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Portal provides information, access, instant messaging

By Staff Sgt. C. Todd Lopez

WASHINGTON (March 01, 2004) -- Air Force senior leaders have asked that all airmen sign up for a new Web-based technology that promises to streamline access to information across the force -- the Air Force Portal.

In a December information technology initiatives memo, Secretary of the Air Force Dr. James G. Roche and Chief of Staff of the Air Force Gen. John P. Jumper asked that all airmen sign up for an Air Force Portal account as soon as possible.

Air Force leaders say the Air Force Portal will streamline access to information across the force.

“The Air Force Portal will be the airman’s interface to all services and information needed to perform his or her job," the memo stated.

Airmen may register for access to the portal by logging onto the Web site at https://www.my.af.mil and clicking on the self-registration link. The registration process is self-guided.

The portal is a Web-based system developed to incorporate as many Air Force information applications as possible. The result of such an integration is that systems such as the virtual military personnel flight or functional area applications, such as a munitions ordering or parts tracking system, would all be accessible from one Web site, said Lt. Col Dan Hausauer, portal integration division chief.

"The long-term vision is that the majority of applications and content will come through the Air Force Portal," Colonel Hausauer said. "Today there are hundreds of applications that are either accessible through the portal or are actually within the framework of the portal. In fact, the portal has the capability right now to house applications or to link to them on their current environment, wherever they are."

The key benefit to such an integration is the idea of a single user login. Once a user logs in, the portal itself authenticates a user into the application. This means that with each new application integrated into the portal, users will have one less Web address, login name and password to remember, Colonel Hausauer said.

"You can log into the portal with a single user name and password, and from there, these users can get to their applications without having to reauthenticate," Colonel Hausauer said. "Some users within the logistics community have told me that in the past they've had (more than) 50 user names and password combinations, and now they need only one."

The logistics community has done the most to integrate their applications into the portal and to integrate the system into their own processes, Colonel Hausauer said. Besides logistics applications, other applications such as myPay and LeaveWeb are soon to follow.

A recent change to the portal makes it even easier for users to get access. Now, users can access the system from any Internet-connected computer at home, at work or on the road, Colonel Hausauer said.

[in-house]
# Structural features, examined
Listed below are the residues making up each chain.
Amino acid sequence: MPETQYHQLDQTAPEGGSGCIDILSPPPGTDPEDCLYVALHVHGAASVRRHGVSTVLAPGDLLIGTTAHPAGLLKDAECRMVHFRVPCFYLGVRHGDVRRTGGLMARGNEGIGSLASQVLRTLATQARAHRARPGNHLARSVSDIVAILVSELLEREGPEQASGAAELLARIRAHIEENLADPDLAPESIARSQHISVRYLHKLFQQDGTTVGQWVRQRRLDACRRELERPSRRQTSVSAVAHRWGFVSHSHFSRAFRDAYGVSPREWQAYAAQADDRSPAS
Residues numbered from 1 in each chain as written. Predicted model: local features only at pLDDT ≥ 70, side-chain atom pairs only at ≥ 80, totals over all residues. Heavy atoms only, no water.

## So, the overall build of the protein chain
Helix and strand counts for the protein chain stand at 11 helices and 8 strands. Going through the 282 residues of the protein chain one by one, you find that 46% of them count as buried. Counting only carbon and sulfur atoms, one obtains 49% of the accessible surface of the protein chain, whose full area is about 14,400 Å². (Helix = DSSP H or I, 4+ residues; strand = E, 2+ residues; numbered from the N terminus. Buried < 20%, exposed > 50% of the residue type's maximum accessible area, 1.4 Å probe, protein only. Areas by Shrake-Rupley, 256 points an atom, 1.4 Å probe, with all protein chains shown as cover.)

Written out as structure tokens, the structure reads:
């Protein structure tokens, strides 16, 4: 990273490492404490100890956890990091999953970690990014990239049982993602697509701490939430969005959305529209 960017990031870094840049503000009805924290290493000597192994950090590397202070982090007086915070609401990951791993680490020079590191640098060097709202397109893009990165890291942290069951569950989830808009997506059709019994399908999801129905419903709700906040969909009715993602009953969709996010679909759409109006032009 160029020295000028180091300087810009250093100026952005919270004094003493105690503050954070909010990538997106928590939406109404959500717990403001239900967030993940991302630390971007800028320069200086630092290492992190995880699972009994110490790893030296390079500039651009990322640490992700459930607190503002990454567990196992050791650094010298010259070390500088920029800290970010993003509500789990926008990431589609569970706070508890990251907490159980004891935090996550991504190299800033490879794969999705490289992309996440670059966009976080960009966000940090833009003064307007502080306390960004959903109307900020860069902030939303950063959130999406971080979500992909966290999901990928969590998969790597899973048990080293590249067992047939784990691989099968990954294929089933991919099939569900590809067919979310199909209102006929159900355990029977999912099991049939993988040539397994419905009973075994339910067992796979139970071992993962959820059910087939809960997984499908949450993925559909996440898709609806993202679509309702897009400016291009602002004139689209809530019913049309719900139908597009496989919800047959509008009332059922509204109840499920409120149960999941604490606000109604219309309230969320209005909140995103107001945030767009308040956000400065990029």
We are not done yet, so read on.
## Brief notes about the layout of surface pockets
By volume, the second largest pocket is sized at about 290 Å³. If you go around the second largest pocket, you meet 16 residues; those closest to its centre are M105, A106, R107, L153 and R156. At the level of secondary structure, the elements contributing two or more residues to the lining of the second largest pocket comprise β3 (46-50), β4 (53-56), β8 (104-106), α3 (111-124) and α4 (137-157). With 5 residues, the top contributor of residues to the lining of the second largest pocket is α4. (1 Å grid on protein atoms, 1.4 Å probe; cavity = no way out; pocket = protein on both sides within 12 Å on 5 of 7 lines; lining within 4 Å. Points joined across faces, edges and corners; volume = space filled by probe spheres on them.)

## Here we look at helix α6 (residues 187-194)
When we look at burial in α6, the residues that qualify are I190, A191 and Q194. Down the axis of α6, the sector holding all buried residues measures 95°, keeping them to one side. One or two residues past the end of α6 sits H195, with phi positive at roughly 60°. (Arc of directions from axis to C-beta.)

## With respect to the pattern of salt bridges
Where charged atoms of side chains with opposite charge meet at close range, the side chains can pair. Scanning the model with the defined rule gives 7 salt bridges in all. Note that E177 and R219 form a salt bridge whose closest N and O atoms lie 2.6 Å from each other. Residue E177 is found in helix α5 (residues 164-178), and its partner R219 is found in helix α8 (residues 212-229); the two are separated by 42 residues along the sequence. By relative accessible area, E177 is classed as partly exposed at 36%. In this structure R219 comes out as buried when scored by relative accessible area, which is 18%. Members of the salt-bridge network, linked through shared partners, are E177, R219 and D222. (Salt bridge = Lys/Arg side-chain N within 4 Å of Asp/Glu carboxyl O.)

When users are on temporary duty, the portal makes it easy to stay in contact with co-workers at their permanent duty stations in real-time. The portal now includes an instant messaging system similar to those found on the dot-com side of the Internet. The Air Force Instant Messenger was used most recently during operations in Southwest Asia, Colonel Hausauer said.

"When the war kicked off, a lot of people on the front lines had difficulty getting to phone lines," Colonel Hausauer said. "People with network connectivity were using AFIM to do their job, like ordering mission-essential parts for aircraft or ‘IMing’ back to their home station in the United States to ask for assistance."

During those operations, AFIM had been set up to interface with commercial messaging systems so deployed airmen could communicate with friends and family on their "buddy lists." That capability has been temporarily disabled, but Colonel Hausauer said it would return following a security review.

For every application that has already been assimilated into the portal framework, there may be many others that have not, Colonel Hausauer said. One way to expedite their integration is for those most familiar with those systems to speak up, and ask for them to be incorporated into the portal.

"A challenge for us is to get owners to come to us with their applications and to work with us to integrate them into the portal," Colonel Hausauer said. "We can make our security layer work for them, plus give them the benefit of the single user login. We also look to users to insist upon having the applications they use brought to the portal. Users need to ask their (leaders) if they can make that happen."

Besides providing an integrated interface to existing Air Force applications, the portal provides functionality of its own. The portal includes a "white pages" section that lists everybody in the Air Force. It includes personalization features that lets users adjust the presentation to suit their needs. The system even allows users to upload favorites from their desktop computers, so those frequently used Web addresses are available from anywhere in the world.

As more systems are brought into the portal, the Air Force moves closer to its overall vision for a Net-centric force.

"The Air Force vision is to bring a virtual desktop to the airman and to bring all the applications you need to do your job to that desktop," Colonel Hausauer said. "You will have the ability to access them all with one login name and password, they will all work together seamlessly, and you will be able to access them from anywhere. That is the future."